I’ve been building websites for clients for years now, and one of the most common questions I’m asked by clients is which website builder is the best to use. This is a little subjective, and it depends on what you are attempting to accomplish with your own website.
I’ll usually ask my clients that very question. Still, I hope that by writing this article, I can help eliminate that question for my clients to streamline the website building process for everyone and provide more education for those that are just getting started with their online presence.
Let’s start with Wix
Wix is a simple website builder used to create a great and eye-catching website with little difficulty. Wix uses a simple drag-and-drop method for you to build your website on top of a predetermined template. Wix is the easiest to use for beginners or sole proprietor businesses, such as bloggers. It is quick to get started and easy to maintain without being overly time-consuming if updates are needed. You can adjust images, videos, and text just by dragging and dropping them where you need them to go.
What about Weebly?
Weebly is also a simple website builder that uses the drag-and-drop method; however, it has a niche that Wix does not. That niche is small businesses. Weebly has incorporated a simple system to use tools that allow small business owners to scale their online presence alongside their small businesses. Therefore, as your small business grows, your website can quickly grow alongside it without spending tens or hundreds of man-hours.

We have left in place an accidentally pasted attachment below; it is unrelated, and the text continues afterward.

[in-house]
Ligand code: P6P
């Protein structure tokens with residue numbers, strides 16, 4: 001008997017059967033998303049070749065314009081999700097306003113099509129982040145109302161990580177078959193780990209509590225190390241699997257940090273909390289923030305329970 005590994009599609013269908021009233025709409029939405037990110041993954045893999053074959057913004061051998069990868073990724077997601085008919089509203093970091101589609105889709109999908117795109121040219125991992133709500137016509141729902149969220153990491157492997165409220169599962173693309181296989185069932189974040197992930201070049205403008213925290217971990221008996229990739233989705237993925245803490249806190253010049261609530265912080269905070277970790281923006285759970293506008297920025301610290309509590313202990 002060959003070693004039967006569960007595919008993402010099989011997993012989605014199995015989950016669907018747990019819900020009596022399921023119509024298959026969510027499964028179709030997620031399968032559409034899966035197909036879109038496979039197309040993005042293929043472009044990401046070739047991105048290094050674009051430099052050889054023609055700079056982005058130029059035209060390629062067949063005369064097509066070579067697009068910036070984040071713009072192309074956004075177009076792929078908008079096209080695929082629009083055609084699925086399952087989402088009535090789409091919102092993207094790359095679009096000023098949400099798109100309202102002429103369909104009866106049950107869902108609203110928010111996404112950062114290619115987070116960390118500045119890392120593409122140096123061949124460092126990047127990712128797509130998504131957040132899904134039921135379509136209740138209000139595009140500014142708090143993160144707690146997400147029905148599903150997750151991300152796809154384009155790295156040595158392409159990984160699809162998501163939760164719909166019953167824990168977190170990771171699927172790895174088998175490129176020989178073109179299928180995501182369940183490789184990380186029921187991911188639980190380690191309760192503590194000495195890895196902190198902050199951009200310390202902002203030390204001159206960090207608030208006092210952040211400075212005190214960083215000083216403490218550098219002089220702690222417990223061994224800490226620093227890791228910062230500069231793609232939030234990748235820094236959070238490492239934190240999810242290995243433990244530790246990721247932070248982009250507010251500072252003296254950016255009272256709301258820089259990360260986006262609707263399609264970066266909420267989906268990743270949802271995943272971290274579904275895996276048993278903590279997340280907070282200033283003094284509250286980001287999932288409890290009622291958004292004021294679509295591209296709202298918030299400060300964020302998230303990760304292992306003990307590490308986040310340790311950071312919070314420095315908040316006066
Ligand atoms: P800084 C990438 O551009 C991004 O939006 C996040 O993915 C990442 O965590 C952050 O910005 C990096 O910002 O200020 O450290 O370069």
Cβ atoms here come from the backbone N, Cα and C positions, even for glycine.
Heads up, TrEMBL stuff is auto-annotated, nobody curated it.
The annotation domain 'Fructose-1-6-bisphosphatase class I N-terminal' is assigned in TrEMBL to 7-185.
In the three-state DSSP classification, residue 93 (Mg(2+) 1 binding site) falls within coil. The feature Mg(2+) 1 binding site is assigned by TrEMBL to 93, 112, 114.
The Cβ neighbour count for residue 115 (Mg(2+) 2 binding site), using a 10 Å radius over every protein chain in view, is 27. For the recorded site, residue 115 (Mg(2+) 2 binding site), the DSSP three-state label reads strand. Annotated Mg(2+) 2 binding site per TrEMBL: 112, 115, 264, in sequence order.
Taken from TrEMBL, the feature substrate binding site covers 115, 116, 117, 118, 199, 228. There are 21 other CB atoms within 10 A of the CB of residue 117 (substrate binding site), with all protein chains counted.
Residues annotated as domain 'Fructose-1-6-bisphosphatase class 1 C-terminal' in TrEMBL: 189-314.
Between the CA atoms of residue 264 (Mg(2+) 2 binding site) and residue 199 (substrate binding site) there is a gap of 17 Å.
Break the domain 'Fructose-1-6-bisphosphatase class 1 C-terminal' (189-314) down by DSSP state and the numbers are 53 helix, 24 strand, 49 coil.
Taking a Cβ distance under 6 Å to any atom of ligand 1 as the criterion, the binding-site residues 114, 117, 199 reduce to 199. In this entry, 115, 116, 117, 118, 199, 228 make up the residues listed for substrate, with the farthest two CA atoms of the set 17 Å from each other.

WordPress is different from both Wix and Weebly and offers website creators a wide variety of online presence options that they simply do not get from Wix or Weebly. That is because WordPress is a self-hosted, or open-source, Content Management System (CMS). What this means for clients is that they will be responsible for all the coding and sourcing of a host for their website. WordPress is widely used by many large corporations, such as BBC America, Sony Music, and The Walt Disney Company. Just because those large corporations use WordPress does not mean that a small business cannot, though; there are just a few different things to consider.
WordPress does have a drag and drop format that can be used by individually managed websites. However, if you want to provide the best user experience and have a beautiful website for users to interact with, some level of coding will be necessary. Although that may not be true at the start of a WordPress website, it usually becomes the case as your scale your website and online presence. The large corporations that use WordPress can afford a full Information Technology (IT) team to build and maintain their websites. However, even a small business with some good tech know-how or a good website builder on retainer can maintain a beautiful and functional WordPress website.
The final say
I usually recommend WordPress to my clients, as it is easy to grow the website as you grow your online presence. Once a good WordPress website has been built, it is not difficult to maintain, with the right knowledge and professional assistance. WordPress has a variety of plug-ins for things like blogging, e-commerce, etc. Wix or Weebly is an excellent place to get started on your own, but as many of my clients have discovered, they are quickly outgrown as they scale their business to meet a greater need and demand.
WordPress offers the most variety and versatility, despite the tech learning curve that is associated with it. Whether it be for blogging, e-commerce, or marketing, WordPress offers versatility, reliability, and, most importantly, scaling for growth.